|Many Thanks for Kind Mails Part-3|
|Let me present a portion of mails received.|
|My response here may be different from what I actually sent back to the original sender. Senders' names are abbreviated.|
I read your articles on the origins of Japanese and found it very interesting.
Without referring to statistics, my impression is that there are very small number of Ainu people that use Ainese as their mother tongue. I'd be surpriesed if the number is 1,000. Most likely, in the magnitude of a lower hundred, at the most. Sadly enough, Japanese (in the narrow sense) are sometimes teaching Ainu language to Ainu decendents.|
They do not maintain any tribe group any longer. They are fully integrated with Japanese, as far as daily life is concerned. There are few Ainu people who wear their traditional attire and curve woods making bear figurines or other objects to sell at souvenir shops.
Thus, the language has practically been deceased for, say, 30 years. In 1955, S. Hattori wrote that there are only several persons who can speak mother tongue Ainu; and they are all 70 to 80 years old.
All Ainu, if found any, presently reside in Hokkaido Island, the northern-most island of Japan, or "successfully" mixed with "Japanese". It is positively belived that Ainu used to live in the northern part of the Honshu (Main) island. My attempt is to prove that their ancestors covered all of Japan's islands for, say, at least around 3,000 years.
|Dylan came back with another question:|
I would like to visit that ancient ruin you said was uncovered in the northern parts of Honshu - what exactly did they find there?
|He meant "San-nai Maruyama" ruin found in Aomori prefecture. I replied as follows.|
I'm not familiar with the ruin very much. One of the most exciting findings was big holes in the ground, which were considered to be pillar holes of a big building/tower of chesnut trees. In an attempt to reconsutrct the building, such big chesnut trees were no longer available in Japan and they had to be imported from somewhere in Siberia.
Suggest HP is
I enjoyed your writing on the Ainu and ancient Japanese history. I searched the web for Ainu information after reading an article in "Discover" magazine (June, 1998 issue) entitled "Japanese Roots". I also enjoyed the MIDI section most especially SWAN.
I've listened to several of the MIDIsand all are lovely.
|Thank you, Lisa. One of few comments on my music composition (:-)|
|Virginia asks "what is iomante?"|
First, the word "iomante" consitsts of three elements, "i oman te".
Therefore, iomante, would literally mean, "let it go."
Now, what is "it"? "It" in this case is a cub bear. There appears some additional variation of animal, such as a kind of owl. In Ainu language, quite a few items are called "it" to make things ambiguous. One example would be "i o ay". The word is dividable into "it (here, it means "poison"), to put, arrow" to mean "poison arrow." Either for a taboo or simply as idiom, many things are called "it".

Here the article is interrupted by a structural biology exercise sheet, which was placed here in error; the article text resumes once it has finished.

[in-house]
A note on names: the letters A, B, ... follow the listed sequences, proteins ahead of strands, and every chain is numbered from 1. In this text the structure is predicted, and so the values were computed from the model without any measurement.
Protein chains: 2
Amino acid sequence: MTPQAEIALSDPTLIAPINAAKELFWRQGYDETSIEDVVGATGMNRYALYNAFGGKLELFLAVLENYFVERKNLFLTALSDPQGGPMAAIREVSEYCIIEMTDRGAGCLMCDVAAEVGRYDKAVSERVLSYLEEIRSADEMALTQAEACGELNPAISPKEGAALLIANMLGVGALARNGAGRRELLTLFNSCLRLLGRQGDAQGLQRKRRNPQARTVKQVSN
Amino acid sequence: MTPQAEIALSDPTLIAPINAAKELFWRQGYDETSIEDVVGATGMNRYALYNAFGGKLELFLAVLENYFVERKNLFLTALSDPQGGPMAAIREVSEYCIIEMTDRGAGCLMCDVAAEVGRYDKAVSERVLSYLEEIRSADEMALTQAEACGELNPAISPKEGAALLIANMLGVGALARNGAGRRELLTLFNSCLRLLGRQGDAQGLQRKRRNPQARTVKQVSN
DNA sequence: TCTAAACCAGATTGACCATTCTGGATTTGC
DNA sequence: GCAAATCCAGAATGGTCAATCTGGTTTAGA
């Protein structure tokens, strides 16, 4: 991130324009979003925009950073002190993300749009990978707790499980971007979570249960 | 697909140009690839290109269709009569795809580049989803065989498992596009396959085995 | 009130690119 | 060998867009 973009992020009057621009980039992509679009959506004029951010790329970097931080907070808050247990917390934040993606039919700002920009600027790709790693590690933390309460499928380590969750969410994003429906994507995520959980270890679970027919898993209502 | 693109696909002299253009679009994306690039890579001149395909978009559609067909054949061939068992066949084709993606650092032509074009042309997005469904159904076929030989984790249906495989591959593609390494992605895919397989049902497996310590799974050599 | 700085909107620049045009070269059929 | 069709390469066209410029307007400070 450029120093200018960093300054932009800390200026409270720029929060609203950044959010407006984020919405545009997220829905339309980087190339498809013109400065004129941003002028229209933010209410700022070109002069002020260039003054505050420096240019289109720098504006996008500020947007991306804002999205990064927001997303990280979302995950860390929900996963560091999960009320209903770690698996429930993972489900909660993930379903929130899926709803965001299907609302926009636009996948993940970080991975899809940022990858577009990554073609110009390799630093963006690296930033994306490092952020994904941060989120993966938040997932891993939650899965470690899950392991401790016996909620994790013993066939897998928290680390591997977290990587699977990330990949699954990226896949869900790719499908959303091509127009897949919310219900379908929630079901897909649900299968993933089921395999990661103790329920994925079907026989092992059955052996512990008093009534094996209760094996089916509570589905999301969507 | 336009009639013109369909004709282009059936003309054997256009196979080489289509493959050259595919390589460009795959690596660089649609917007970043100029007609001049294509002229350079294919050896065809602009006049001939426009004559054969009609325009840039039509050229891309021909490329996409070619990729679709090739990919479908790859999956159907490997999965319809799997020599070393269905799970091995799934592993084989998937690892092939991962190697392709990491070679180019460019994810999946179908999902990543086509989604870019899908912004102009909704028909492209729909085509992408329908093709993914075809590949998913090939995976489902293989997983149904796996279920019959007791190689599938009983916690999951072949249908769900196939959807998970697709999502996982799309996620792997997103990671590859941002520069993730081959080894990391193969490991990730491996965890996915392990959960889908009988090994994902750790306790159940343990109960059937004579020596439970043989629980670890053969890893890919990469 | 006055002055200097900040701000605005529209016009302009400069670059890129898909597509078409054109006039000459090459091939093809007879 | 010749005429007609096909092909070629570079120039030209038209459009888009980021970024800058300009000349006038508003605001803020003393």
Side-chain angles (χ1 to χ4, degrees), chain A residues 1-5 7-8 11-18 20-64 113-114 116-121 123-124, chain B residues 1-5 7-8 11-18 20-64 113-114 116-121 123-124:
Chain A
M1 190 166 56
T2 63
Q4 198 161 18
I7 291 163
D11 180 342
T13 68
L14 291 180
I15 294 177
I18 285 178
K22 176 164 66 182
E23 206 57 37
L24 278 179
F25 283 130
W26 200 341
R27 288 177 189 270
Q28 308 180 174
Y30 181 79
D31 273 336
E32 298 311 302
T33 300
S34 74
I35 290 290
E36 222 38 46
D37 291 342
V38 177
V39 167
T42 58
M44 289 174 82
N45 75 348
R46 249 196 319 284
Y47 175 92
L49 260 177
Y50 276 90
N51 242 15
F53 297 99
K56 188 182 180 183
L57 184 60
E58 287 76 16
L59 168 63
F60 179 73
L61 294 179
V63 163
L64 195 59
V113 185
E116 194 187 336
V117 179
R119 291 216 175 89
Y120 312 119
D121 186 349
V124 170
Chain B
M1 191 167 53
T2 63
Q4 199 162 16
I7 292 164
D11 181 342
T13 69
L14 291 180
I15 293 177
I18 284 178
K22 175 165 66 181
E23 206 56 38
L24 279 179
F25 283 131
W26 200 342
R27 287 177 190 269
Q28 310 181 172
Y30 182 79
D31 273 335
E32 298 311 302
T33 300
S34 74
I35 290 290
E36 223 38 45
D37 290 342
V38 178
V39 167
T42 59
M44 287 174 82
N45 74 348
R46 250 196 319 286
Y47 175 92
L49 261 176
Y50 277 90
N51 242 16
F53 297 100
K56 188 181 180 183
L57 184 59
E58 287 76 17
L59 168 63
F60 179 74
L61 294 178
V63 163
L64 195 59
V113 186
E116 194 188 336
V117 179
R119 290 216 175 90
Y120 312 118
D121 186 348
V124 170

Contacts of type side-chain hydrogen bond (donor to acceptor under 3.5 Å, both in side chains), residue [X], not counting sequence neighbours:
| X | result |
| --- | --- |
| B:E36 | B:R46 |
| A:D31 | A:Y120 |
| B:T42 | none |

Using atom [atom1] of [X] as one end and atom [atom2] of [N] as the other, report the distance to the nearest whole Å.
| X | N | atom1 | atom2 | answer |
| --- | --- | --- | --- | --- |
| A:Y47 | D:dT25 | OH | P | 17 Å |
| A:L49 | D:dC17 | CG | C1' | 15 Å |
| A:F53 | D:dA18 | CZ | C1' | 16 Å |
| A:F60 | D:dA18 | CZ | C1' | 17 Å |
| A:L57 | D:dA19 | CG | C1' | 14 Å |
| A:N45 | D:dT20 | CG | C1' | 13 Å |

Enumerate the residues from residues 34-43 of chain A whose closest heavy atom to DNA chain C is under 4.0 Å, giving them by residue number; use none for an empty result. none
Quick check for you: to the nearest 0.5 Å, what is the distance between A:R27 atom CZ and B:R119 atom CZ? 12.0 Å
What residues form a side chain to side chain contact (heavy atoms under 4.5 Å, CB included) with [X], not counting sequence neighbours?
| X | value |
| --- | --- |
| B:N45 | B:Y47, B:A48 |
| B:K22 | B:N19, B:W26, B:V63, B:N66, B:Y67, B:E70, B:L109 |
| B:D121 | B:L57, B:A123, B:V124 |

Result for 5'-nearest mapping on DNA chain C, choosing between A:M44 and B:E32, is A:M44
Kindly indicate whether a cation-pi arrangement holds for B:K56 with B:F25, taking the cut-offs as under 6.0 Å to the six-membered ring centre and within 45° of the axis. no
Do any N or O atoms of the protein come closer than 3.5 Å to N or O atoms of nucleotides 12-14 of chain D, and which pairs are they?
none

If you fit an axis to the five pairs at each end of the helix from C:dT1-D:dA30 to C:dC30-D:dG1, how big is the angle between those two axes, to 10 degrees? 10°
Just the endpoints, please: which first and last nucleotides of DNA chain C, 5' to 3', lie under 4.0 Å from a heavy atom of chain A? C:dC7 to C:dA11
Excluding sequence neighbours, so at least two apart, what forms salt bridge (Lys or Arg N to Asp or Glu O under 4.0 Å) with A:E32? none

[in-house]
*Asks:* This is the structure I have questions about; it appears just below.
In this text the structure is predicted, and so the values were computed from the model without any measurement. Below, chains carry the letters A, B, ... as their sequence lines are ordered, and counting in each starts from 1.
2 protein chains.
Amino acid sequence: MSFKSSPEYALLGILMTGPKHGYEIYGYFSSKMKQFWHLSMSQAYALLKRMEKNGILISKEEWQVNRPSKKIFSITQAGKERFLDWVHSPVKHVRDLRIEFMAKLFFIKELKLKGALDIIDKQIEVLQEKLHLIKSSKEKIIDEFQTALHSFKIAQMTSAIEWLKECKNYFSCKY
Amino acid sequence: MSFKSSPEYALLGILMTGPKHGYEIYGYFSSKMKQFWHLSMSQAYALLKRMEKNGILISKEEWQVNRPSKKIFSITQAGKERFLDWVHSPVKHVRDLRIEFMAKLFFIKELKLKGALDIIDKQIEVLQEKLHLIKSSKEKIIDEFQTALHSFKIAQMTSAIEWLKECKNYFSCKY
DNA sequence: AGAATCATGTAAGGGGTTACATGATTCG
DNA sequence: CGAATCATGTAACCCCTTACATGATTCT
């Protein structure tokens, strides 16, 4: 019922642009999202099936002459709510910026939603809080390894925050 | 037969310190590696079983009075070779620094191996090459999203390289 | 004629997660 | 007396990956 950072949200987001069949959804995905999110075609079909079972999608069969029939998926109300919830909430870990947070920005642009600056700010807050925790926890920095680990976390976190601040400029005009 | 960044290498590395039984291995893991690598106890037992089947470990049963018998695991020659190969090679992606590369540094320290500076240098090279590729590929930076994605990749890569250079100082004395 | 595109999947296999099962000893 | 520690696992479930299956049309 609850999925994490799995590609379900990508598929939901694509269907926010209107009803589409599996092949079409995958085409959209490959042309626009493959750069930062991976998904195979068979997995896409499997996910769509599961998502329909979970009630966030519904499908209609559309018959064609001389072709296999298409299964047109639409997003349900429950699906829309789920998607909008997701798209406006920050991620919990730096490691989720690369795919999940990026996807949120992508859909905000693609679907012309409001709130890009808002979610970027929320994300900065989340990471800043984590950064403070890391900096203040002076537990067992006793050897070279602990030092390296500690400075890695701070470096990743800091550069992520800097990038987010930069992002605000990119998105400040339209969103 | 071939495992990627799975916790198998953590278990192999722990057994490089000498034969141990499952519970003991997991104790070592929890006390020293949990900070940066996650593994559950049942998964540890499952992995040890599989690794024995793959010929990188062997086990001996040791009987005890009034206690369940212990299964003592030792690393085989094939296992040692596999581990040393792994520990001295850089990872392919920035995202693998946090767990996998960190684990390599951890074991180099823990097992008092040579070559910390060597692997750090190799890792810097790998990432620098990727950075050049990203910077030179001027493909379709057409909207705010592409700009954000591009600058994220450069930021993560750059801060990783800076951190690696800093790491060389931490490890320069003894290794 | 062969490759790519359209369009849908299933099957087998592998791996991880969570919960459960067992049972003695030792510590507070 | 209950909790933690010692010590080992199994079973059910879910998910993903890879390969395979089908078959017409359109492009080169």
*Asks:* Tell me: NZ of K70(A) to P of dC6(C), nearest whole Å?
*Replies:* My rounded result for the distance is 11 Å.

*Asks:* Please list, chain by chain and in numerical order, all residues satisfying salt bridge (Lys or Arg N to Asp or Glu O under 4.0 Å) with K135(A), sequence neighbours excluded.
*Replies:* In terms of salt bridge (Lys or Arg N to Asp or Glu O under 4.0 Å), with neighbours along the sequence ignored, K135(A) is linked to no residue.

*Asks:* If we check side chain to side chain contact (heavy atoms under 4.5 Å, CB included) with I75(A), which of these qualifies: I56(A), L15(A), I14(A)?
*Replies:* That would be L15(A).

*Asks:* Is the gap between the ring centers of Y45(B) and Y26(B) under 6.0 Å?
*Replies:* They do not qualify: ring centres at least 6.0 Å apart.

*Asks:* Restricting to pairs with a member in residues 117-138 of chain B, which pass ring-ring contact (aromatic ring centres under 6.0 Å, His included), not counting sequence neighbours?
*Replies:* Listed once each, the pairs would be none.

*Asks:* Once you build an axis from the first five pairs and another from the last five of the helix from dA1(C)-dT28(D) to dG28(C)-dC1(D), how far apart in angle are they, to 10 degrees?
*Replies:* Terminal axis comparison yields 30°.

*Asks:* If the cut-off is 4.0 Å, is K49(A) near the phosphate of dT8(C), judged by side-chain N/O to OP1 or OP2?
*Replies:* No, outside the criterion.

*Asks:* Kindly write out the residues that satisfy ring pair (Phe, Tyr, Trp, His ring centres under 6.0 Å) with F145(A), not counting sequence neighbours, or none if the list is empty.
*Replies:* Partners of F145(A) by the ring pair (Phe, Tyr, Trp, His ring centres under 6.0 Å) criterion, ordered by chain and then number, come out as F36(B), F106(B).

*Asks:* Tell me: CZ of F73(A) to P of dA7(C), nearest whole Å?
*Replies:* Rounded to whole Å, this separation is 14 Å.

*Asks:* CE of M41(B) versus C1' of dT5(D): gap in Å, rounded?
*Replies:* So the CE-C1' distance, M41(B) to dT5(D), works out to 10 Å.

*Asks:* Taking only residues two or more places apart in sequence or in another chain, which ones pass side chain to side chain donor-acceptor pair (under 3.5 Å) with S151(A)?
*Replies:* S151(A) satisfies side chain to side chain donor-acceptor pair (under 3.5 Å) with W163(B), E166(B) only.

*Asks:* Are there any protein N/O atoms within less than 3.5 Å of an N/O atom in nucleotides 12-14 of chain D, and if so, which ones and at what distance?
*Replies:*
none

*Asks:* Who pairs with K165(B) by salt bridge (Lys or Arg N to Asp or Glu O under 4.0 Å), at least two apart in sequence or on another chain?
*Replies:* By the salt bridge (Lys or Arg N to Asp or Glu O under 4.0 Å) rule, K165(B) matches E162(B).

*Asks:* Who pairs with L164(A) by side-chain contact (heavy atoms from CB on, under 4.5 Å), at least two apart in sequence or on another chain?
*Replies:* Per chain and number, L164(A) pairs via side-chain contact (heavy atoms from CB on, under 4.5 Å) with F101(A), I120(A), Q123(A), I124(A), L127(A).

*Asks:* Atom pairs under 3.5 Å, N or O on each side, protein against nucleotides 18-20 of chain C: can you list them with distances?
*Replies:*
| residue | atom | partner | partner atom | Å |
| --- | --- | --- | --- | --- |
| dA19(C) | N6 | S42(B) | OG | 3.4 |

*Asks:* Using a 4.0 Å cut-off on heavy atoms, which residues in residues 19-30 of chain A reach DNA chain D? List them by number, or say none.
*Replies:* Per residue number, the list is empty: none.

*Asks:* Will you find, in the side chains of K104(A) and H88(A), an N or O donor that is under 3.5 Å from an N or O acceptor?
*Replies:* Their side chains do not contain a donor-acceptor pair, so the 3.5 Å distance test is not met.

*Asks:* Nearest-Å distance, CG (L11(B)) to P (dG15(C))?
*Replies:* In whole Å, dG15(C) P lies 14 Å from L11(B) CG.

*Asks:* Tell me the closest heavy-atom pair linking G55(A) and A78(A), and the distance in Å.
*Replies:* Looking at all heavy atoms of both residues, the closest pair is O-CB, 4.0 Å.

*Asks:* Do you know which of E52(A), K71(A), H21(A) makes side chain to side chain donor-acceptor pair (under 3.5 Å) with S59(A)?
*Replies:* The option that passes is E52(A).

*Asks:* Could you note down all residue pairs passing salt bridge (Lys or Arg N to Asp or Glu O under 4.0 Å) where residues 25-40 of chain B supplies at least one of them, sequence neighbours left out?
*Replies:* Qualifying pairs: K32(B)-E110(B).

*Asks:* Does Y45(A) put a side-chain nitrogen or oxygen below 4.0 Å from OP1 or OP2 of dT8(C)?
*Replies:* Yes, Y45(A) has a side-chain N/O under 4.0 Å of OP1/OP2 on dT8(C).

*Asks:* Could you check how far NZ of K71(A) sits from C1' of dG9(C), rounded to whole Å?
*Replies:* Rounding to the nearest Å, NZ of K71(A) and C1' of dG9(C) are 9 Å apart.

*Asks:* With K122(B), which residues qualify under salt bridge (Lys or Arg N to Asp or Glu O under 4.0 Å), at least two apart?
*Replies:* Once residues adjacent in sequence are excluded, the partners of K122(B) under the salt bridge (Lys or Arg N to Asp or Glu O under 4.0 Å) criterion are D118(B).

Above is the linguistic answer to your question. Next, from cultural view point;
Background to this is that the people considers all animals look like human in the spiritual world, come down to human world in animal body with associated meat, give the meat to the poeple and are due to go back to the spritual world as dignifiably as possible, through a large celebration or ceremony, to return human in the spritual world.
Another example, when the people catch salmon, a certain wood material must be used to kill a salmon at the head so that it can go back to the spritual world with dignity. Otherwise, the salmon cannnot go back to the spritual world with dignity.(This is NOT called iomante, though.)
Please bear in mind that what I can write here is not all that I know; what I know is not all that would be told about the "iomante".
|Peter posed interesting questions. I divide them in three sections. First one follows:|
I am quite interested in how over a long period of time, the influx of Chinese words (and more recently, Katakana words) have changed the Japanese language.
Thank you for your E-mail. I enjoyed reading it.|
First, in the history, we borrowed Chinese characters (kanji) to express Japanese words, as one of my pages describes. When was it? There is no firm decision on this question. However, we have an iron sword that bears kanji expressed Japanese, excavated from the 5th century cemetry.
In the history book of ancient China, "Gi" (3rd century), there is a mention of Japanese names. Whether the names were recorded by a Chinese person, phonetically translating, or by a Japanese who already used such kanji expression, is unknown. Likeliness is the former.
You talked about influx of Chinese "words." Yes, we, then, started borrowing Chinese words, perhaps, in connection with import of Budhism, say in the 6th century(?). (In that meaning, we borrowed Sanskrit, indirectly, via China, Sanskrit as phonetically transcribed in Kanji.)